Wrestling is all about getting the fans excited enough to continue tuning in to weekly TV and motivated enough to buy a ticket to a live event or order a pay-per-view. The way that promoters do this is by creating heat for characters and storylines. We all know the formula to get heat- somebody wrongs another wrestler, someone wants to prove they're the best, etc. etc.. There are time tested ways that promoters built up excitement by using conflict.
Good stories typically involve a lot of conflict. That's why it's rare that you find the characters of Supernatural sitting around playing Monopoly or 24's Jack Bauer spending an episode catching up on his grocery shopping. I remember a screenwriter telling me that every scene should have some sort of conflict That's not to say that every conflict has to be spectacular-just like a wrestling match shouldn't be highspot after highspot, a story shouldn't be one spectacular action scene after another (even Michael Bay knows that a movie can't be all explosions). The trick is pace your conflict and create a tempo that slowly but surely builds to an explosive climax (this is also useful in the bedroom-or so I've been told).
Things like a wrestler turning heel or face should never happen off camera. They're too good at creating conflict, and more importantly for wrestling promoters, drawing heat. Turning someone heel off camera is like deleting the scene in Return of the Jedi where Darth Vader turns on the Emperor in order to save his son's life and turning it into a throwaway piece of dialogue. Instead of showing Vader watching the Emperor blast Luke with Force Lightning only to finally pick up his former master and hurl him to his death, you'd have Han Solo asking Luke how everything worked out on the Death Star and Luke casually commenting, "You'll never believe this but my old man saw the light and kicked the Emperor's ass." Not exactly the stuff of movie legends. What if George Lucas decided to delete this epic scene and instead explain it via dialogue? So Luke, we blew up the shield generator, anything happen on the Death Star? Yeah, you'll never believe this but Vader saw the light and killed the Emperor. Now, what's with these Ewoks?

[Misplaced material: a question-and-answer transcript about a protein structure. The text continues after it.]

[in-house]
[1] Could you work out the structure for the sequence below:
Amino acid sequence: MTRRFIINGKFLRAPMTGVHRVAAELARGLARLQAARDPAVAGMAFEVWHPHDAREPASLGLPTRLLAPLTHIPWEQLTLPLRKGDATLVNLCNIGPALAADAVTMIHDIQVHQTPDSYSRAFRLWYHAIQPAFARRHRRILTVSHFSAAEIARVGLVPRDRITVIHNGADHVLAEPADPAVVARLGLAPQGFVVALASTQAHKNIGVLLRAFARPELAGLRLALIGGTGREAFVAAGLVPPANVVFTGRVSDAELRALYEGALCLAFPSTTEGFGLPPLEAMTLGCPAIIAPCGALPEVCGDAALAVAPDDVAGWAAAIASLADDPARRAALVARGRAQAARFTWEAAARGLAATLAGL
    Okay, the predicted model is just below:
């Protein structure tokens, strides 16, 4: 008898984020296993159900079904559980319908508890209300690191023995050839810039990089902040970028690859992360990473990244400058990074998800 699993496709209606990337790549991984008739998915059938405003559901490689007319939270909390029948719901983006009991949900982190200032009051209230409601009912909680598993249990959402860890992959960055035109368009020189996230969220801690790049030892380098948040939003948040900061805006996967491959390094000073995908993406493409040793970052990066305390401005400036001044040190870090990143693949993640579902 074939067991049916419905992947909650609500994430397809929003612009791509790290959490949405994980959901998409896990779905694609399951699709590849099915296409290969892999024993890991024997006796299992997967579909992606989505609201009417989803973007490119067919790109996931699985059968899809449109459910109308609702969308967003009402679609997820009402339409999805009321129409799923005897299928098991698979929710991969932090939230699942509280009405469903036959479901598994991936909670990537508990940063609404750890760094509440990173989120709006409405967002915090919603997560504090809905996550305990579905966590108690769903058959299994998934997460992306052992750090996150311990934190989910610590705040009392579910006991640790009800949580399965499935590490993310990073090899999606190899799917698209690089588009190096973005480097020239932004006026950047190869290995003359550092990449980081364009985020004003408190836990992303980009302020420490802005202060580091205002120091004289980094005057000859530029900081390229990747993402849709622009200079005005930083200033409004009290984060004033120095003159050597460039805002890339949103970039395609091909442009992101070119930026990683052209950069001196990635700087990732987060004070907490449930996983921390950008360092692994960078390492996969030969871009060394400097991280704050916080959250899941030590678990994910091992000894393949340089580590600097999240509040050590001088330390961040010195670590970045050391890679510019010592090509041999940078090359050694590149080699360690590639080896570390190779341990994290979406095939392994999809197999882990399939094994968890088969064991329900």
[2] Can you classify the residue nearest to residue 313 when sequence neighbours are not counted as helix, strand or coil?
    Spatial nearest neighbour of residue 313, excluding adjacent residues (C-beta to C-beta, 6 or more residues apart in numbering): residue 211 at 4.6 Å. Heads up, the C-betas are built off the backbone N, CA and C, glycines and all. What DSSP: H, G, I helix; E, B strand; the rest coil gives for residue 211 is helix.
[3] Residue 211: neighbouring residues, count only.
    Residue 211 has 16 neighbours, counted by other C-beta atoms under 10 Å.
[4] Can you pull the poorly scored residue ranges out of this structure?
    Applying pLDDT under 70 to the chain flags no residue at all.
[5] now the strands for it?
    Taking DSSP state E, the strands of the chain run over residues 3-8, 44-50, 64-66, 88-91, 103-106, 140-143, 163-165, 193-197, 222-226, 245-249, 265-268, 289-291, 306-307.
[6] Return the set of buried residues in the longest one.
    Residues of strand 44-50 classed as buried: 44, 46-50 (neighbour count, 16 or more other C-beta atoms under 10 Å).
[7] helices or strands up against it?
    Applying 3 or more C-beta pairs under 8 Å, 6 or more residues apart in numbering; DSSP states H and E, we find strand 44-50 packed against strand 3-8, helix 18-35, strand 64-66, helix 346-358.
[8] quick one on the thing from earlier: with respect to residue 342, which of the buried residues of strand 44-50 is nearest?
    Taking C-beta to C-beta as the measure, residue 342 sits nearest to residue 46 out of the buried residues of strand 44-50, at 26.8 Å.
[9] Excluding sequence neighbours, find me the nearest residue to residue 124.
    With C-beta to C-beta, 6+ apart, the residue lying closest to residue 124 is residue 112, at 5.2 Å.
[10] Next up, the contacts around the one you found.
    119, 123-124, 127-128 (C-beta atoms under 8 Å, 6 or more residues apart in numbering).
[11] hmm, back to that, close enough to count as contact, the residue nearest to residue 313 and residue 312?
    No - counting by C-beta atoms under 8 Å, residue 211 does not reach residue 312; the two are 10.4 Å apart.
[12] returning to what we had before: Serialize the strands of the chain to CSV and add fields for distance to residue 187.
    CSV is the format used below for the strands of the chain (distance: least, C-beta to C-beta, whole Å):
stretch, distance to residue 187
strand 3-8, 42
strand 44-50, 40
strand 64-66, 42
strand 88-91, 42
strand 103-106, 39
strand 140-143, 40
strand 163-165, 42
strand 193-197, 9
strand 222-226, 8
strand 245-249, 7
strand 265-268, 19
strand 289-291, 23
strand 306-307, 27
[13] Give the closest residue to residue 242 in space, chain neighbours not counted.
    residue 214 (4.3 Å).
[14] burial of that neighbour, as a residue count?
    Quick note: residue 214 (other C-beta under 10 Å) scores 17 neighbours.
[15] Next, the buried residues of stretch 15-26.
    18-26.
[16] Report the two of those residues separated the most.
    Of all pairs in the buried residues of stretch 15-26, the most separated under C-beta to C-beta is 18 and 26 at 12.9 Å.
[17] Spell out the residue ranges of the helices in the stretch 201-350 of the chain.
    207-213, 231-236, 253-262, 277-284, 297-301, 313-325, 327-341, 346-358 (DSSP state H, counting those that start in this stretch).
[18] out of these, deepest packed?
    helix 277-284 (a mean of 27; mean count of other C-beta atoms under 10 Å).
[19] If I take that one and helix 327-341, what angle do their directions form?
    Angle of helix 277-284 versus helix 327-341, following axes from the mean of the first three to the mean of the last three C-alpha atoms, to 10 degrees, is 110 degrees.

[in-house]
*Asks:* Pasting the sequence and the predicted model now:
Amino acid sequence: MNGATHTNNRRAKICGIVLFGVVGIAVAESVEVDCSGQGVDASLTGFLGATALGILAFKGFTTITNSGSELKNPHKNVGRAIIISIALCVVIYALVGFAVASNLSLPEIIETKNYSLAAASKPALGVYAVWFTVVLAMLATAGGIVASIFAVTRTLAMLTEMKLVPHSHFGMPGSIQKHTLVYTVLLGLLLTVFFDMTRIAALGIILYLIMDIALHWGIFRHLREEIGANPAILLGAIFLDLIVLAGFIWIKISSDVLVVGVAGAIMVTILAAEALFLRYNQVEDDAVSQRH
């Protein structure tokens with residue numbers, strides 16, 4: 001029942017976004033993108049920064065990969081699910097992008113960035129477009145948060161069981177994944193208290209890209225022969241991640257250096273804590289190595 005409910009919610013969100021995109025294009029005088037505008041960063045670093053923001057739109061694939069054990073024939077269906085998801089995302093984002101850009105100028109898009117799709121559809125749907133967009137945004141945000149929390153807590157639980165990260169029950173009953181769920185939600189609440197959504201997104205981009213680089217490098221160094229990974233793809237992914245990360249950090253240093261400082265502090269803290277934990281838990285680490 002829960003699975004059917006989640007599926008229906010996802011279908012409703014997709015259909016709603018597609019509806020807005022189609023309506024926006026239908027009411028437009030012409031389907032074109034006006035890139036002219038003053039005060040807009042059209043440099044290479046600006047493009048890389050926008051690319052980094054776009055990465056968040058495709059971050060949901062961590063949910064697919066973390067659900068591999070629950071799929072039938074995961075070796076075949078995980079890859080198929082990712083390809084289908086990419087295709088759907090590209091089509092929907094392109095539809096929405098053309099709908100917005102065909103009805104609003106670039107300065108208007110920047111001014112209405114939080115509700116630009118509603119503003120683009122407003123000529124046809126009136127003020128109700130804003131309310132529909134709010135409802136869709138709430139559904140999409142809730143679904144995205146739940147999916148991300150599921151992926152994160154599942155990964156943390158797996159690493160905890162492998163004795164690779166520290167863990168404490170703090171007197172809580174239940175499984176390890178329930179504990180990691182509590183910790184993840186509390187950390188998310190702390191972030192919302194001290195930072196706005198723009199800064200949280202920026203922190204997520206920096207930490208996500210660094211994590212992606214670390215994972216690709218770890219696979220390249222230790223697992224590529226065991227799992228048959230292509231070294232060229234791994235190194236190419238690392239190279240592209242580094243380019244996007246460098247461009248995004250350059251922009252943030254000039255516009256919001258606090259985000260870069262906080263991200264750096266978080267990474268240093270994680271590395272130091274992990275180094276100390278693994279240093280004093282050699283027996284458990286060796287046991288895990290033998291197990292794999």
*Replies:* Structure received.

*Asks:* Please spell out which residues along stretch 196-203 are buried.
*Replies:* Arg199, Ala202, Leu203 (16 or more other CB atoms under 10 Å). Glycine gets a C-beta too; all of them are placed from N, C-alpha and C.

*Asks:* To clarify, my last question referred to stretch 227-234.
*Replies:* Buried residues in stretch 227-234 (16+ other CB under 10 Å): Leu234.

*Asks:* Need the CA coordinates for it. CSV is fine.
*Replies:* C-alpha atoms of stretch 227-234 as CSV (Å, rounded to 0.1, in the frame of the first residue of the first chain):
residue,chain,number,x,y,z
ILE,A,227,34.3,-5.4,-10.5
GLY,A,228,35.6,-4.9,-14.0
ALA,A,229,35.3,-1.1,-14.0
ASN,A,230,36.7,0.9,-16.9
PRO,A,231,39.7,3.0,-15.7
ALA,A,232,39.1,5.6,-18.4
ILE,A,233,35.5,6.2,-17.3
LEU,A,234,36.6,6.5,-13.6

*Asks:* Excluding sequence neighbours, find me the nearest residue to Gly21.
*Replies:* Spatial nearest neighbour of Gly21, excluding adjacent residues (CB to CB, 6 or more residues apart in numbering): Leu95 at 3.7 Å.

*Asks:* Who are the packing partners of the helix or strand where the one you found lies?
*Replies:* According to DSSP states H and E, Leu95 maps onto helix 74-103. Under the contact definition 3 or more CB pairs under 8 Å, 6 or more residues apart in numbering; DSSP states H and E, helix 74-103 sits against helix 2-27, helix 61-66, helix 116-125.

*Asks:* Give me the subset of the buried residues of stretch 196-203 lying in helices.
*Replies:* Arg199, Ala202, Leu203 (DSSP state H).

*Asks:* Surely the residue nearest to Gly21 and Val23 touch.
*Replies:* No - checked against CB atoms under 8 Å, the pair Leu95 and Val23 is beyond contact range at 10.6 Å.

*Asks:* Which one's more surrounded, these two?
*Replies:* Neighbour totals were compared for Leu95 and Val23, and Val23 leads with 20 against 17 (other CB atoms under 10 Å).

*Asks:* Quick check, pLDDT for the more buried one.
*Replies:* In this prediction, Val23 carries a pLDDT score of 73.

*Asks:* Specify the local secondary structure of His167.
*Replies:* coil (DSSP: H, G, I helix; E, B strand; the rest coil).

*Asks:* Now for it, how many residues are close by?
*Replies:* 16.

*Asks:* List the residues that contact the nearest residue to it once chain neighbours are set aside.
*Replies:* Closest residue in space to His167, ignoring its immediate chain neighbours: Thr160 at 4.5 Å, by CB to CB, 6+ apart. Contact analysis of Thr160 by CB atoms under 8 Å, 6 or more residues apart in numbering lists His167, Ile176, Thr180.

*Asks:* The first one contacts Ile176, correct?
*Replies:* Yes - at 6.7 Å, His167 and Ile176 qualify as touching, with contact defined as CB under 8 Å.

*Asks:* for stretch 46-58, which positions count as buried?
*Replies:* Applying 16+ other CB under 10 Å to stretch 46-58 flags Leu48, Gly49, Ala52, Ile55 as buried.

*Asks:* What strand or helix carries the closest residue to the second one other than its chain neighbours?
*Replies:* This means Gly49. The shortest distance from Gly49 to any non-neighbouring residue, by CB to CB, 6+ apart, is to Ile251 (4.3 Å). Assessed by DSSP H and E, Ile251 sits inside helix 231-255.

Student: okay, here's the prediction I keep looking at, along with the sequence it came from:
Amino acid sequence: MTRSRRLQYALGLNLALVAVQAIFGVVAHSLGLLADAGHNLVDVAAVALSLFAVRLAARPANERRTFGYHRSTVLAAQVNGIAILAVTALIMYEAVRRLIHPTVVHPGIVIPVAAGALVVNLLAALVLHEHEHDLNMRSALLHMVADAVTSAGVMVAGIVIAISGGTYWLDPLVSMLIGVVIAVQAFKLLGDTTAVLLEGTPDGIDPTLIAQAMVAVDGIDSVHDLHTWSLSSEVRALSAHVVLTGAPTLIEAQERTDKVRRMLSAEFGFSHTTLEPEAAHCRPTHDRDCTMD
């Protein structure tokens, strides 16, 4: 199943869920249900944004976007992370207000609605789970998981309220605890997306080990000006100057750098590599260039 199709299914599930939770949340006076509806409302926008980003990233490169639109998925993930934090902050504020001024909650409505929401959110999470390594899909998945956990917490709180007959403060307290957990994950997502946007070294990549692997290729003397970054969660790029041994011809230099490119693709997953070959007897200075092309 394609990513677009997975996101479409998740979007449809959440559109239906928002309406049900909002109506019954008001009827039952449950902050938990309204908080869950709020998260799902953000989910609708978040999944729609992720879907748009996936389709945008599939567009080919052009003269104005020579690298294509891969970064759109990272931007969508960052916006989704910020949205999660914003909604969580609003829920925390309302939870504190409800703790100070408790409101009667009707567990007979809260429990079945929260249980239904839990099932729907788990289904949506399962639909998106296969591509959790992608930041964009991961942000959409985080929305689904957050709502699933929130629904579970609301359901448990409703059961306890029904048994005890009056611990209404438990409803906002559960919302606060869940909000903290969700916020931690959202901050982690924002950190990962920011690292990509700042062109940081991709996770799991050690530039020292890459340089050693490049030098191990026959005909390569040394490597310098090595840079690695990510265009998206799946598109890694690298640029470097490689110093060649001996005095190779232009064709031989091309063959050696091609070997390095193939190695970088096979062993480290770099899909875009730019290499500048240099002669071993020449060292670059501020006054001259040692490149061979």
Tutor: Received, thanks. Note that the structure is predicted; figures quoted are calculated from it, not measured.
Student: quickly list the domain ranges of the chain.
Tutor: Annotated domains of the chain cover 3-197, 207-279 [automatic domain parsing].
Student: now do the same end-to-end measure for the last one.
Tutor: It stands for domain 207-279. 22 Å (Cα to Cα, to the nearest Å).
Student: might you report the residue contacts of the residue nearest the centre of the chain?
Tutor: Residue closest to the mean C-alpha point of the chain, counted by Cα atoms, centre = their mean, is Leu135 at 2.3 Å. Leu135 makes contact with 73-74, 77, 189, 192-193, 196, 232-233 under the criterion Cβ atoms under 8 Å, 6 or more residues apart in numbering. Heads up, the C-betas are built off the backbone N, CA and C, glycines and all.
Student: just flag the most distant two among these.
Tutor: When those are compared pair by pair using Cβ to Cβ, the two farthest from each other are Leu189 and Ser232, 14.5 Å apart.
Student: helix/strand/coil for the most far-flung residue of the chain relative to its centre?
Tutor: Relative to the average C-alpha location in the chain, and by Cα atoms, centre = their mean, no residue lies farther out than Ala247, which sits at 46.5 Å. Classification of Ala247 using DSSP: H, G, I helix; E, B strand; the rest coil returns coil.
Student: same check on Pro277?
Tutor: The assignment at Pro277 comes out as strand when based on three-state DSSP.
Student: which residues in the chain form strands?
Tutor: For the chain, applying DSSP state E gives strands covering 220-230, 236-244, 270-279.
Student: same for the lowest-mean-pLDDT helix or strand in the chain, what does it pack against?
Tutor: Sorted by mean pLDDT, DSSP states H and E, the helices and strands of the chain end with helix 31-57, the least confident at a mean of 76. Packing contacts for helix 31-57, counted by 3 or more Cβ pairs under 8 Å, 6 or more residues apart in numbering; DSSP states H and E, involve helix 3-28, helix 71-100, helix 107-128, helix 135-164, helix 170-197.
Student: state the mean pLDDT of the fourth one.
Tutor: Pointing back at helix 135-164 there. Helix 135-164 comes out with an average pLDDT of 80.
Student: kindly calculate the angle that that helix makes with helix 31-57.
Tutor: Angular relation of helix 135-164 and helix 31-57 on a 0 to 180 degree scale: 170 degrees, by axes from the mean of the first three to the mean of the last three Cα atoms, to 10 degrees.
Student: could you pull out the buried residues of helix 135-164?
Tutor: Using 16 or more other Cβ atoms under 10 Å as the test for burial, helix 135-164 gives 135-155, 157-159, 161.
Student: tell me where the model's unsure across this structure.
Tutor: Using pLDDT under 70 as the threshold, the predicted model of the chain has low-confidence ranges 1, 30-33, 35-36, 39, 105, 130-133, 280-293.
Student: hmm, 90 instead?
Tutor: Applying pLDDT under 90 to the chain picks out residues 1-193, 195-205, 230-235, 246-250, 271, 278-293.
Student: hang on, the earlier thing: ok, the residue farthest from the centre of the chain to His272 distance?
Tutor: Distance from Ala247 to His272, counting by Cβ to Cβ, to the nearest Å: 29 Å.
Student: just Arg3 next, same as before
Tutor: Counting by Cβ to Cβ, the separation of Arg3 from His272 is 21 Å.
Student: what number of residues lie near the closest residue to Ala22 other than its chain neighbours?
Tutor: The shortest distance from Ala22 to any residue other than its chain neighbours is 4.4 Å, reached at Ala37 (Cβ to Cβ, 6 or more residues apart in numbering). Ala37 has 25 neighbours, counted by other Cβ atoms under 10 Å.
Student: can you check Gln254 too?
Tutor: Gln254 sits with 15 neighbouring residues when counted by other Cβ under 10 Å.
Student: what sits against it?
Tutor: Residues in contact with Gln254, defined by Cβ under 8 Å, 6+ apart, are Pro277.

Granted, Kofi Kingston's change in hometown from Jamaica to Africa doesn't have to be treated as an epic event. However any promoter worth his salt will find a way to turn it into something. Remember, not all conflict has to be world shattering. In Kofi's case, it could be mentioned in an interview that he grew up in Jamaica but he wanted to acknowledge his country of origin as he felt he didn't want to lie to the fans. While this would be something minor, it would fit in with the idea that he's a babyface and he doesn't want to mislead his fans. Or, it could be something deeper. Another babyface might question Kofi's lack of honesty in acknowledging his roots. "Kofi lied about being Jamaican-who was he trying to fool?".
Over the last few years, the WWE has shifted its approach to booking from using traditional bookers to utilizing writers to script promos, angles, and feuds. This isn't necessarily a bad thing because as we saw, good storytelling and wrestling go hand in hand. Unfortunately the WWE's writers either need to brush up on their storytelling or they need to explain the basics of storytelling to their boss because it's clear they could be doing a much better job.
 While Jimmy Valiant was not the first wrestler to come out to entrance music (Gorgeous George is often credited as the first to do so on a regular basis), he was one of the first to do so on a regular basis. Valiant even recorded his own song which he used as entrance music during his run in Memphis).
 This would be the beginning of a wildly successful run for Valiant in JCP with "The Boogie Woogie Man" becoming one of the promotion's most popular wrestlers for the next five years.
Mike Rickard II is the author of Wrestling's Greatest Moments (published by ECW Press), a look back at the greatest matches, angles, and feuds of the last thirty years. The book is now availble for pre-order through amazon.com